[Special] was a kind of interesting one. It actually stemmed from a couple of words – I'm like, "oh, that would be a cool idea to write a song about," and then pretty instantly, I was like, "Okay, what would that sound like?" I just said the words, and the melody came on at the same time, which is honestly not how I do things. You know, it was kind of like, 'Oh, like the melody of the words are there," and I was like, "Oh, shit, that's it… I guess that's just what the song is gonna be." I'm trying to be a bit more minimalist with the production, and just be really confident in the different elements that I choose. Not just keep adding and adding and adding, but just really pick things that I think make for a good element, and then just be confident with that element.
It was also probably the most revealing about the things that I actually feel, and that stems back to this kind of tension that I feel about where I am right now, and what I'm kind of trying to do. This particular song that I'm still working on came together pretty quickly, which I guess I'm thinking is how it should be going. You know, I haven't made enough music to really understand that, and maybe I never will!
What does 2020 have in store for you?
I'm sort of working out at what stage I would release an album, which I’ve always been putting ideas into – I'm looking at my wall right now, I just have like a white board that's dedicated to thoughts on the album that I'm slowly building. It honestly stems from the way people are consuming music right now, in terms of singles, and introducing myself to people slowly, adding smaller chunks like a single as a way to get people to listen to it. It almost made me think of this idea that I have to kind of earn people to sit through 40 minutes of my music by kind of giving them a taste of what I'm about.
I guess the question will be like, "When am I going to be like, 'oh, okay, I can probably put a date on when I should release the album'?" With everything that's going on, maybe that's actually a lot sooner than I expected. Initially, the goal was trying to force myself to get out and just get experience doing the live thing. Who knows how that's gonna pan out the rest of the year, but again – if I can't do it live, then I'm just gonna be making and putting out more shit.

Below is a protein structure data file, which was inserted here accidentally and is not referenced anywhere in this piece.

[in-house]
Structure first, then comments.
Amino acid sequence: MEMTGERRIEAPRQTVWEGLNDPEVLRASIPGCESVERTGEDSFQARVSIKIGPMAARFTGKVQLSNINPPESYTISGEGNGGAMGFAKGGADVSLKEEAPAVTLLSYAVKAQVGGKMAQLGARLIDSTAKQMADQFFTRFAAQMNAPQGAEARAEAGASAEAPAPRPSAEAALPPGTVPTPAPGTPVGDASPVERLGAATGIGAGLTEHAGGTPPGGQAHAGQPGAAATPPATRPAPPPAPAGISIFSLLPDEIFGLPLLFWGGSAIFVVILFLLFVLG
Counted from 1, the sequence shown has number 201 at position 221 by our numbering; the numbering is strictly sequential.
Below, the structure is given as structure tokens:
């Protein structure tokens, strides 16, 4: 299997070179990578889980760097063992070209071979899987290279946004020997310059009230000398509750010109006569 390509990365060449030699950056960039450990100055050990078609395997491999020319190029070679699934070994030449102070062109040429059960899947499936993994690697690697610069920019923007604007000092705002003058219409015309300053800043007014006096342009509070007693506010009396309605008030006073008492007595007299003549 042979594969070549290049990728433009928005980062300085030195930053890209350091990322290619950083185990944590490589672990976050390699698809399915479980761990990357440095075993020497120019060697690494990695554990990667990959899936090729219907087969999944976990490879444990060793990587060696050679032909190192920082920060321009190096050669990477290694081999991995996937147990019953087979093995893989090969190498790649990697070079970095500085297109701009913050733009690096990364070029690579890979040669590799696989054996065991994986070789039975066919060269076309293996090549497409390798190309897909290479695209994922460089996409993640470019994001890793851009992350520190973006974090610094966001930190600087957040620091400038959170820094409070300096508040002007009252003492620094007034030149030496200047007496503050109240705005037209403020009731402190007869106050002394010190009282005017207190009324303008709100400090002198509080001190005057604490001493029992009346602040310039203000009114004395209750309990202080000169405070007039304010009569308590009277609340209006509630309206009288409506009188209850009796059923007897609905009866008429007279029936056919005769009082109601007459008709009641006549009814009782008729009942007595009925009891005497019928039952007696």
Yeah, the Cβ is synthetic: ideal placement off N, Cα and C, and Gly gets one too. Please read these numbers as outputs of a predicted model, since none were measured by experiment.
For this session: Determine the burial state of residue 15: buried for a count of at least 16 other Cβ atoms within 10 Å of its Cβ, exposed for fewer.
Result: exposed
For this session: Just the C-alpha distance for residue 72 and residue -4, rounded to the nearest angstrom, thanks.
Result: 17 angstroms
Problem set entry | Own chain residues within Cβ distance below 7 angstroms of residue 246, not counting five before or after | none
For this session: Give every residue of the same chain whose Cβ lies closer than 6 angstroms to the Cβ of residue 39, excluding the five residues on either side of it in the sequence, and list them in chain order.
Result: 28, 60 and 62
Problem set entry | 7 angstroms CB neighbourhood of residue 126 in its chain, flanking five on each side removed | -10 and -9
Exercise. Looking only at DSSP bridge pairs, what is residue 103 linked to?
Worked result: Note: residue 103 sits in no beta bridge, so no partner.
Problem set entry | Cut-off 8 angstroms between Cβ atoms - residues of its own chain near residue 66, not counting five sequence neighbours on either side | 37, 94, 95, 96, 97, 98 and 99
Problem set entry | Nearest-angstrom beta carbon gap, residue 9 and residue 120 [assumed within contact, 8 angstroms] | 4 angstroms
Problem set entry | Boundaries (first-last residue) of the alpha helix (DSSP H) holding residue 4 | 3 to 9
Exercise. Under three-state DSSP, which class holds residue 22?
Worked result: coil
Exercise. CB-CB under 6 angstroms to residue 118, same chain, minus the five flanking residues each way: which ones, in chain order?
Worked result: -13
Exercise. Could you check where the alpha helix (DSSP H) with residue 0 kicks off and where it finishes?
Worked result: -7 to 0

Between Cool and Big Girls Don’t Cry, you seem to have a soft spot for 2000s pop.
Cool was something that... I remember having the idea that that. I had to look up what the song was, it was actually the day that I was flying back to America from Australia last year in January, and I was just packing my bag and then I was just like, "What is that?" I didn't know what the lyrics were, like it took me a few hours and then be like, “I think maybe it was…” and did some searches through Gwen Stefani's catalog.
I had this idea, I was pretty excited about it, I just wanted to finish it and put that out so I could get back and continue to make more stuff. I think the reason people like it is also because it’s nostalgic in essence: it calls back to the original that people enjoy, which is not something that I considered in the slightest when I put that out, you know? Another song that I'm thinking of maybe having a crack at, a song that I just absolutely adore, is Lady Gaga's Paparazzi. That, similarly, has this real heart-throbbing chorus that's just fully rooted in the strength of a melody.
Still, it doesn't really interest me to just repeat the stories that are told in those tracks, because they're not mine. Sonically it's fun, but the more that I'm writing and getting better at saying what I want to say, it just feels like a sort of crime to waste time on songs that are not digging deeper into that. I think like Instagram, putting that Big Girls Don't Cry cover up and just having a little snippet of it for people to listen to, I’m more than happy to do that. Then it's like, well, if I'm doing that, maybe it's worth releasing the whole thing. Don't be too pretentious about it!